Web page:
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PostPosted: Sat Jun 08, 2019 6:05 pm 
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This will probably be a waste of time, but I'm curious to see how this will turn out. Obviously I don't expect it to run anywhere near the speed of a real 68000, but exactly how slow I don't know.

Just trying to figure out which opcode an instruction is, is going to be complicated. Below is a table of how each instruction is layed out. I can probably do a branch tree, where I narrow it down to instruction type.

http://www.markwrobel.dk/post/amiga-mac ... deep-dive/


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PostPosted: Sat Jun 08, 2019 9:42 pm 
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I'm pretty sure you can emulate any CPU in any other CPU as long as speed isn't a concern and you have the memory for the entire state. Whether there's any use for a slow ass emulator is another issue.

The 65816 already has a hard time competing with the 68000 as it is, so I doubt you'd get anything usable (i.e. not horribly slow) by trying to make it simulate a 68000. I think this would be a waste of time, because you probably wouldn't be able to put this to use in any meaningful way. The novelty of it would wear off almost instantly, after all the hard work to get it done.


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PostPosted: Sat Jun 08, 2019 9:49 pm 
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At least it'd let you unit-test subroutines for Genesis games on your IIGS.

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PostPosted: Sun Jun 09, 2019 1:00 am 
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IIRC/AFAIK emulation on the PC generally has ~10-30x overhead (e.g. take the host clock speed (4.4 GHz), divide by 30 (for bsnes), divide by guest clock speed (21.48 MHz), multiply by 60 (for NTSC) = 410 fps) just for the CPU emulation... Then divide by 3 for emulating the entire system.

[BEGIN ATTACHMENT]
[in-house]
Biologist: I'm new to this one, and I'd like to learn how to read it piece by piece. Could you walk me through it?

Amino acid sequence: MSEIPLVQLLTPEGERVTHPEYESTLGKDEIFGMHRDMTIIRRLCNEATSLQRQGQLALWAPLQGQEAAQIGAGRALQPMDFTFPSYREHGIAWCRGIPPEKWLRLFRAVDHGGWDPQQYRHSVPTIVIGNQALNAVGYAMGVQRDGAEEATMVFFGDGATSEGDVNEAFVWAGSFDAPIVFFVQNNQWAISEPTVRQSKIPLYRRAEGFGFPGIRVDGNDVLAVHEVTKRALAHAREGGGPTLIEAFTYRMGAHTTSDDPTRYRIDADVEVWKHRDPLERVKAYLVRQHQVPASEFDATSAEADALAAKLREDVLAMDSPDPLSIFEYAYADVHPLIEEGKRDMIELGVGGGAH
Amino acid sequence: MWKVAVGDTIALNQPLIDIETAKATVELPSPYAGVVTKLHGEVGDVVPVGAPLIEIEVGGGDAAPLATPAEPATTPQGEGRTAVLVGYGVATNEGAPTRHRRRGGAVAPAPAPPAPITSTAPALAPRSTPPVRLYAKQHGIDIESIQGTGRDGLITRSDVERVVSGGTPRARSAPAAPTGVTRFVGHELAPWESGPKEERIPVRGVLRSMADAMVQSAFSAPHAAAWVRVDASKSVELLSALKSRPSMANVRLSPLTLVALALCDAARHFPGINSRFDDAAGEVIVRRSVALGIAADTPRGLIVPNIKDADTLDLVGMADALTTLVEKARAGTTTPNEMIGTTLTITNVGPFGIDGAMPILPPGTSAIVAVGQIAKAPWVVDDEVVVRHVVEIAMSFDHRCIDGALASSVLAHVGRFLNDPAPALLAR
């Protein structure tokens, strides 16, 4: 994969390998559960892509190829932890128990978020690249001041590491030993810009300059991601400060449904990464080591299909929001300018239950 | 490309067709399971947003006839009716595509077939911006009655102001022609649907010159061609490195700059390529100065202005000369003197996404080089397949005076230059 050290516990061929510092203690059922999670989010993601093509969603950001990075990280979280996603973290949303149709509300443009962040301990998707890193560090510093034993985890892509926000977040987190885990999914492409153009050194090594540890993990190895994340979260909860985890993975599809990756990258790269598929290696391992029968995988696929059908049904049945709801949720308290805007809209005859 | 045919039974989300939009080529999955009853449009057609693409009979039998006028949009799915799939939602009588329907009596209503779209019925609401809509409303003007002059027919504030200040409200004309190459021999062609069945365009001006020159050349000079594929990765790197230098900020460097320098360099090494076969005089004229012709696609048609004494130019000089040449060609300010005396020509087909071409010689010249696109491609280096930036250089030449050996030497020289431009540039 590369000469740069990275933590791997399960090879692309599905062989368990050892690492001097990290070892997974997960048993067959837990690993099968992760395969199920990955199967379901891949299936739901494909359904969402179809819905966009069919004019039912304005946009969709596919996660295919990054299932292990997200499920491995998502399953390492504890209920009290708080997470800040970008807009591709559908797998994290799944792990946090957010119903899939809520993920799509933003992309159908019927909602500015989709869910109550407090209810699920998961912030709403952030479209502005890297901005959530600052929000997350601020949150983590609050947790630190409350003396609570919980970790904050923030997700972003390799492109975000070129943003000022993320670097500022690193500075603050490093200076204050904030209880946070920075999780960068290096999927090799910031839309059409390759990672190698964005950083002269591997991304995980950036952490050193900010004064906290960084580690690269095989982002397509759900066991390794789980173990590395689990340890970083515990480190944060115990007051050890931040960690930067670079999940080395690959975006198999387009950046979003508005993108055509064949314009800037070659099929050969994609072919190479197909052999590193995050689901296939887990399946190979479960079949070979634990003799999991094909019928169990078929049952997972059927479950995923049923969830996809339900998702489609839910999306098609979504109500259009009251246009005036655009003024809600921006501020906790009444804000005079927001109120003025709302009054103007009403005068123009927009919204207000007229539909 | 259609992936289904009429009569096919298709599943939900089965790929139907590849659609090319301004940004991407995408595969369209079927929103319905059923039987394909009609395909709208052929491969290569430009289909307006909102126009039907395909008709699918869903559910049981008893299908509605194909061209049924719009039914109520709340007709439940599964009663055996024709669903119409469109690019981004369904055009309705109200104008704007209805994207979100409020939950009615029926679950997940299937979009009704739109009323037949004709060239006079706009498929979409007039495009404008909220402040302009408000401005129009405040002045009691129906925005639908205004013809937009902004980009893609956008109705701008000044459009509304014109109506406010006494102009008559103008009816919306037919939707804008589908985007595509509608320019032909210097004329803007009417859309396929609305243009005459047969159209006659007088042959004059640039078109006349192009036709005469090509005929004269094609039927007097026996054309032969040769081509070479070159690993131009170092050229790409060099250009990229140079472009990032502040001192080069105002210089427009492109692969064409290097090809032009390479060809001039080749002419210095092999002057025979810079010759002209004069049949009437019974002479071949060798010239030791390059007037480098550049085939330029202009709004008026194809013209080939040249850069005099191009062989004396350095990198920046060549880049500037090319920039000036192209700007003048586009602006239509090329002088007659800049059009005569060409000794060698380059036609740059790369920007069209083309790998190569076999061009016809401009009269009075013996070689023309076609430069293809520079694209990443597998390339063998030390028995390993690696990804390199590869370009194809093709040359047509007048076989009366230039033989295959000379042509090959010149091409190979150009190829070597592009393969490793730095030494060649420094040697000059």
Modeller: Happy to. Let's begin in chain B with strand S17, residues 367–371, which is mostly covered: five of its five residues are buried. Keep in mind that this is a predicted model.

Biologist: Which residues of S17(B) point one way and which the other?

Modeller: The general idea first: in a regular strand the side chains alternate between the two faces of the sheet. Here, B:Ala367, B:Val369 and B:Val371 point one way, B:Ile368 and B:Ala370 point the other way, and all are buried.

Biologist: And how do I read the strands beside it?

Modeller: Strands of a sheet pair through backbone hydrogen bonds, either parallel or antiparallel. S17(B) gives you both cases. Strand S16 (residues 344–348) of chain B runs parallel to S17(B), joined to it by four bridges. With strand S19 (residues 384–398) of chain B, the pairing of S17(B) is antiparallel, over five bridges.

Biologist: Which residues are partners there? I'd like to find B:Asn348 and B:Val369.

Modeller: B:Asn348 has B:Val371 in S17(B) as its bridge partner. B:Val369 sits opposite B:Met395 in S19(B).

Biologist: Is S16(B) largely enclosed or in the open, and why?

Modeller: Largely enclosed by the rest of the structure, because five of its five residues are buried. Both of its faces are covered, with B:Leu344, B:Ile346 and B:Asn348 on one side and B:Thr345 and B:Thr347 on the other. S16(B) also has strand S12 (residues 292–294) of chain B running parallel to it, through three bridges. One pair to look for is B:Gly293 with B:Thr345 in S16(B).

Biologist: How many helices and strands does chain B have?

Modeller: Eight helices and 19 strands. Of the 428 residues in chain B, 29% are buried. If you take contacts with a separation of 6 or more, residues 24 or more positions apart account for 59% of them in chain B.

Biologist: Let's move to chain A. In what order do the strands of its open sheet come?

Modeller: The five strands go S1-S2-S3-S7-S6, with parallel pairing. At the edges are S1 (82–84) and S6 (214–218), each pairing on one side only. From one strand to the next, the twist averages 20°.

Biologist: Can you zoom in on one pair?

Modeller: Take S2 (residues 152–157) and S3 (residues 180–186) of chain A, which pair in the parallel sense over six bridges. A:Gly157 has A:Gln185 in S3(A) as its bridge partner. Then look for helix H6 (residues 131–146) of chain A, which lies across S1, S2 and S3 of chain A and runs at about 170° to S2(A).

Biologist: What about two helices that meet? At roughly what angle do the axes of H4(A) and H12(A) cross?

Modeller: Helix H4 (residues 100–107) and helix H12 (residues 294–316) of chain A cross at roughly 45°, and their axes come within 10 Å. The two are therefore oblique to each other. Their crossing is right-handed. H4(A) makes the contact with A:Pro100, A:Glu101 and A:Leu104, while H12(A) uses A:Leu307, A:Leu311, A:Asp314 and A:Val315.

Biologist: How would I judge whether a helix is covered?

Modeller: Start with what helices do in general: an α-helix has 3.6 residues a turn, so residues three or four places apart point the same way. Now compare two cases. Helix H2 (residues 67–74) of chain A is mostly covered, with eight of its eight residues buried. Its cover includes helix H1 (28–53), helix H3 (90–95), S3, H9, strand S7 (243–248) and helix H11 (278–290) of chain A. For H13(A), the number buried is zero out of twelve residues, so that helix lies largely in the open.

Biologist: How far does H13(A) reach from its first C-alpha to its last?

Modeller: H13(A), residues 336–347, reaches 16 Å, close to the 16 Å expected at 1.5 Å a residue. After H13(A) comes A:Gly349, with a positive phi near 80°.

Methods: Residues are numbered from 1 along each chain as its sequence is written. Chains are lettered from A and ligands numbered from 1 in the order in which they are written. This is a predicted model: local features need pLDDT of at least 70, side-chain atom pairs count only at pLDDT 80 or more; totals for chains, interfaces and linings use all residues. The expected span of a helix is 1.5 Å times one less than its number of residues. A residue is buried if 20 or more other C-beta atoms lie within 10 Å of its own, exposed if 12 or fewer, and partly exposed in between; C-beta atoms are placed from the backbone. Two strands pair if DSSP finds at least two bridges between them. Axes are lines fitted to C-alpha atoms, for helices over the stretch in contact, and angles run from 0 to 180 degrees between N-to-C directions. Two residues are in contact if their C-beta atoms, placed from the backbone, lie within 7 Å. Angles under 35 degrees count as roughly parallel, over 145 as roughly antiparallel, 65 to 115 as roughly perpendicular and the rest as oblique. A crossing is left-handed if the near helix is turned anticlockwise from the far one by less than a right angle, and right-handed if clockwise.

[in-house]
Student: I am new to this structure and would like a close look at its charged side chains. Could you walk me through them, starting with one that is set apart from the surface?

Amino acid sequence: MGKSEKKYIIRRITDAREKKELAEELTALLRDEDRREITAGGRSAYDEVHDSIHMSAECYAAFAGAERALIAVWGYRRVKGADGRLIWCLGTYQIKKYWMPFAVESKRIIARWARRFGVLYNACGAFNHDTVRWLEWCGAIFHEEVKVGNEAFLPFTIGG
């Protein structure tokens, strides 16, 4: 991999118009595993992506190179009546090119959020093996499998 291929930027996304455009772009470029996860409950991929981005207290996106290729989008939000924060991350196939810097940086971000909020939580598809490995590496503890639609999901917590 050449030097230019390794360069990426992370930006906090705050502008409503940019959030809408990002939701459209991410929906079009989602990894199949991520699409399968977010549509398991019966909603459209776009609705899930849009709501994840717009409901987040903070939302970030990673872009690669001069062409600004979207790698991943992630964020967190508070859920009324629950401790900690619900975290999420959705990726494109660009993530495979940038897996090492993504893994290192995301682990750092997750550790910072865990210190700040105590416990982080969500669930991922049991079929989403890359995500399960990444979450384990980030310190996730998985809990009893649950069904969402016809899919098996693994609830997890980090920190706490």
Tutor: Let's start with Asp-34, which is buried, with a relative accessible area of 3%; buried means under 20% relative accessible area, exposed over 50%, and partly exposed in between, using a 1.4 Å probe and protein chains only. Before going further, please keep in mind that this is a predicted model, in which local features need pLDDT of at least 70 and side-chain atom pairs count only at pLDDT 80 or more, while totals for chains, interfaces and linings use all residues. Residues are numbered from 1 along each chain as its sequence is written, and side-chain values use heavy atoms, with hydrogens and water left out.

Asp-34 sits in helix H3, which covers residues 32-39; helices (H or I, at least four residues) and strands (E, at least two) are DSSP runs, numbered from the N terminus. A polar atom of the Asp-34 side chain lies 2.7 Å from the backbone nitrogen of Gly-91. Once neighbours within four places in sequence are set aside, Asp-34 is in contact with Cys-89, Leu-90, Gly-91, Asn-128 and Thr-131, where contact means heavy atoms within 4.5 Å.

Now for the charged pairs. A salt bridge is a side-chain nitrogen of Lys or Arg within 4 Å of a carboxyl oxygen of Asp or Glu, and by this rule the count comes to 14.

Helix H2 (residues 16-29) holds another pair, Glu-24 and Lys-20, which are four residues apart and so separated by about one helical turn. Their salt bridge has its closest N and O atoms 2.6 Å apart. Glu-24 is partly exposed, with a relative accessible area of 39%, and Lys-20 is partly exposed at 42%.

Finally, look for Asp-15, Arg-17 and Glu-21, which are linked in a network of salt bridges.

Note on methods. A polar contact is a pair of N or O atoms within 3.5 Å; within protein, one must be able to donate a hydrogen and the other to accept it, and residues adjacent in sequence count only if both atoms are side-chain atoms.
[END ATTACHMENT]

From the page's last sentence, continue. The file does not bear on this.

So that'd be ~2 fps just for emulating the 68K CPU on the 65K, as a very rough ballpark figure.

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PostPosted: Sun Jun 09, 2019 12:12 pm 
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I just did some experimenting with a hypothetical psuedo ASM code where the only addressing mode is absolute addressing, and I got 38 cycles per 3-operator 16-bit ADD, and 66 cycles for a 32-bit ADD. This looks like it can range anywhere between 2 to 6 times slower than real 65816 ASM, depending on what type of instructions.


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PostPosted: Sun Jun 09, 2019 12:59 pm 
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I suppose you could use it to port a game with very slow game play. Mahjong. Go. Checkers.

I wouldn't. But you could.

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PostPosted: Sun Jun 09, 2019 1:10 pm 
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dougeff wrote:
I suppose you could use it to port a game with very slow game play. [...] Go. Checkers.

Without an AI player though...

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PostPosted: Sun Jun 09, 2019 1:33 pm 
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What's the practical purpose for this? Or is it just a personal "can it be done" project?

Some of the addressing modes of the 68K are what's going to kill performance, compounded by register sizes. The "Address Register Indirect with Displacement" and "Address Register Indirect with Index" addressing modes are going to really hurt given that the calculations are done at run-time. Things like this (and similar on the x86) are what make the CPU so powerful.